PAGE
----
Despite the importance of these wild Arabica populations, there are 'serious threats' to the survival and genetic integrity of this species, continue the researchers.
"Amongst the most serious of these threats are deforestation, climate change, and genetic erosion. Recorded climate data in Ethiopia from the 1960s onwards show an average increase in the mean annual temperature of 0.28°C per decade, a shortening of the wet season, and an increase in the number of hot days.”
It is this impact from climate change that is the most worrying, says Dr Justin Moat, Head of Spatial Analysis at Kew and one of the researchers.
“Our initial evaluation of Arabica coffee suggested that it was not threatened with extinction in the wild. However, after factoring in climate change, it moved upwards by two categories to become an endangered species.
"These findings are so important as they indicate that the extinction risk to many other coffee species could be much worse if we consider climate change.”
Setting out to save coffee
While the research appears to set out bleak prospects for the coffee industry, the scientists say that appropriate interventions and planning measures could make a big difference to the future of the sector. They want their research to raise awareness of the risk to crop species and spur action in the sector.
“The results reported show that intervention could make a substantial difference to the future of wild Arabica coffee,” they say.
“If specific activities are undertaken (particularly assisted migration, forest preservation, and regeneration) the chances of the species becoming highly threatened (i.e. Critically Endangered) could be greatly reduced.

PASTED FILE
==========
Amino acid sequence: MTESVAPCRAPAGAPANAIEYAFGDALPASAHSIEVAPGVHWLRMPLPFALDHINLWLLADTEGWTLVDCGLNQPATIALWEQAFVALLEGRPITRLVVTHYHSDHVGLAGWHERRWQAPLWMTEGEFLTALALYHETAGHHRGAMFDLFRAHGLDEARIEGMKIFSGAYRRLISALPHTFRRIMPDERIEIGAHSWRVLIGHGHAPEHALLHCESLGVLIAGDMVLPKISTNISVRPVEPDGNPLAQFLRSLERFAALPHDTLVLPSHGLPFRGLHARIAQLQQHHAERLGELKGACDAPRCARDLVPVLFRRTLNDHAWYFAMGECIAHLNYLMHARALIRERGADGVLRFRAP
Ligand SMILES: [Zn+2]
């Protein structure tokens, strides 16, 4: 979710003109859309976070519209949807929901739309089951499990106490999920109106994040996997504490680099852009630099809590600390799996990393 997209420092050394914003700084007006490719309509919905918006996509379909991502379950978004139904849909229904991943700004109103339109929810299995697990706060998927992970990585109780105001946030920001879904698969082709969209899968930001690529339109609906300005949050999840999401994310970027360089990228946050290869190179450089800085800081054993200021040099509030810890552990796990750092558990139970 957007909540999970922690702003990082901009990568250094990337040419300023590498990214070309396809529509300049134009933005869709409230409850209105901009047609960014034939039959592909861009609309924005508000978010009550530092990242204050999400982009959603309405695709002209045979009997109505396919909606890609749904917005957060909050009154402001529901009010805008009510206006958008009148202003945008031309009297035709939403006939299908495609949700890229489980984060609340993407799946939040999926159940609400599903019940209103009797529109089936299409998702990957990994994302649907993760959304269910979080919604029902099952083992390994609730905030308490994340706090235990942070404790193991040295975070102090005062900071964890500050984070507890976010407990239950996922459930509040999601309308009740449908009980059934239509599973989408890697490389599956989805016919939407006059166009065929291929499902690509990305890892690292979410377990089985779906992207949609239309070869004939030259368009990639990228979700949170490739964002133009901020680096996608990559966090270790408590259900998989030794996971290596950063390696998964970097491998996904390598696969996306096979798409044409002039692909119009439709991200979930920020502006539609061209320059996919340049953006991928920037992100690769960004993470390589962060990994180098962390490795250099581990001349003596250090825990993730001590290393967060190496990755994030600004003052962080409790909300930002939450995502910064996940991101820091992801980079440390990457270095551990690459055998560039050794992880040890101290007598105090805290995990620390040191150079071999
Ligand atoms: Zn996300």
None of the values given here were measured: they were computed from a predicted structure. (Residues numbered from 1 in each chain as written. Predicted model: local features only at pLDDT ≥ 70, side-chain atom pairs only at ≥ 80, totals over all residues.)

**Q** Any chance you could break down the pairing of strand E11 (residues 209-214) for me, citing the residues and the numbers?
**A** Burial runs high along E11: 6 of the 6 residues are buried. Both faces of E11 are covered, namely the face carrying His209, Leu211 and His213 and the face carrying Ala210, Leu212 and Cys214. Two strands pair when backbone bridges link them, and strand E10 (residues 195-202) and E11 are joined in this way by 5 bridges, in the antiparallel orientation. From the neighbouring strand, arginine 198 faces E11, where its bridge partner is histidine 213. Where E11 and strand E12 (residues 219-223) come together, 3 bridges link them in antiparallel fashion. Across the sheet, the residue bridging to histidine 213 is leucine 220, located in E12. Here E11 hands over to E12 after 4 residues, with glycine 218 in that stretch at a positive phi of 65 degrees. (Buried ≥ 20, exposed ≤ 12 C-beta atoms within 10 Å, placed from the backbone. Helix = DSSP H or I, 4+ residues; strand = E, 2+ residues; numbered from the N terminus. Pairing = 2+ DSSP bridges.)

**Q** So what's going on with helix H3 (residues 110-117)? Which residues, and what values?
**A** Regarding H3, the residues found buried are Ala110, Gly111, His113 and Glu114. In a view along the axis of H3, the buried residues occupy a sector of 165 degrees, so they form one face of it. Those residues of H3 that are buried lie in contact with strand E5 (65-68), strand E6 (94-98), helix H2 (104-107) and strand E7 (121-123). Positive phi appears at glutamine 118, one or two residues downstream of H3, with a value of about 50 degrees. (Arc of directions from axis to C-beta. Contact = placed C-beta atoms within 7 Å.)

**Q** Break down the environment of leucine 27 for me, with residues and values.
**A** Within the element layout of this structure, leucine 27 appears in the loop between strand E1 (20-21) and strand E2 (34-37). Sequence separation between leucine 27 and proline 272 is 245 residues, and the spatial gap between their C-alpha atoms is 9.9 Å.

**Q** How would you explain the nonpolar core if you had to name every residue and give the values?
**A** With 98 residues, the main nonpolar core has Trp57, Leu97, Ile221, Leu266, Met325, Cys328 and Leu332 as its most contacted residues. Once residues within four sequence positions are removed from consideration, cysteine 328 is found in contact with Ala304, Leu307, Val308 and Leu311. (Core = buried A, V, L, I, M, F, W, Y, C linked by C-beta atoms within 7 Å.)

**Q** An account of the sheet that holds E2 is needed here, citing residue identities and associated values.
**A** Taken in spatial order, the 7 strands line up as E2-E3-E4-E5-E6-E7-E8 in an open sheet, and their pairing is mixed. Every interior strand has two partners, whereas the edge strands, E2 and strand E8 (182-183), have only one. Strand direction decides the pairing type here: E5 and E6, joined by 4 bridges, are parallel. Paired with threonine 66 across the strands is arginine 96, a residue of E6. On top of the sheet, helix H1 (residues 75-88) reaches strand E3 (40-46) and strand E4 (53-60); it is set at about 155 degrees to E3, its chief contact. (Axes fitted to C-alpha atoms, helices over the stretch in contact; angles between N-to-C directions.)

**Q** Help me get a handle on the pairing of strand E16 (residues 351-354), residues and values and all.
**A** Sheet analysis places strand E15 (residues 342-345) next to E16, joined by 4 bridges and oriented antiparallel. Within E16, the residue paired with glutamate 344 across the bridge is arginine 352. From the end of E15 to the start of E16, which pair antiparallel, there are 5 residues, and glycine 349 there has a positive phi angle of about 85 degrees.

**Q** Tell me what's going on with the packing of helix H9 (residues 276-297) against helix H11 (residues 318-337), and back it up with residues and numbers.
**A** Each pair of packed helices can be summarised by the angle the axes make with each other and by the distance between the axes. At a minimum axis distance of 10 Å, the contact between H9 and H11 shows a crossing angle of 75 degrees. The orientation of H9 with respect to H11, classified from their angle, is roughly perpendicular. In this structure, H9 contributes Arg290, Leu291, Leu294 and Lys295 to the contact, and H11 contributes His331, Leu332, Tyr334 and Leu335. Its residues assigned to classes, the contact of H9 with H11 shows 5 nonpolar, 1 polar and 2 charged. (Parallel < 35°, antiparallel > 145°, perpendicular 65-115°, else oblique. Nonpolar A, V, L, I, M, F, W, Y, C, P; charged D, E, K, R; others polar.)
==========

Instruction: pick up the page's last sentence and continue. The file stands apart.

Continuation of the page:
“Focused intervention actions, and especially forest preservation and reestablishment, could have a positive outcome for the species, humid forest cover, and ecosystem services, and the long-term sustainability of the Ethiopia coffee economy.”
The research has been published in two papers today: an International Union for Conservation of Nature (IUCN) Red List of Threatened Species assessment for all 124 coffee species in Science Advances; and an assessment of the status of Arabica coffee in Global Change Biology.
- 60% of all coffee species are threatened with extinction. This is ‘extremely high’, given that the average for plants is 22%.
- Some of the coffee species assessed by researchers have not been seen in the wild for 100 years - and so may already be extinct.
- In Ethiopia – Africa’s largest coffee exporter – Arabica coffee’s natural population is estimated to shrink by around 50% by 2088 due to climate change. Meanwhile, 60% of the land used for Ethiopia’s coffee production could become unsuitable for use by the end of the century.
- The world’s coffee trade relies on two species: Arabica (60%) and Robusta (40%).
Images top to bottom: Aaron Davis, RBG Kew; Emily Garthwaite; Allan Schaller.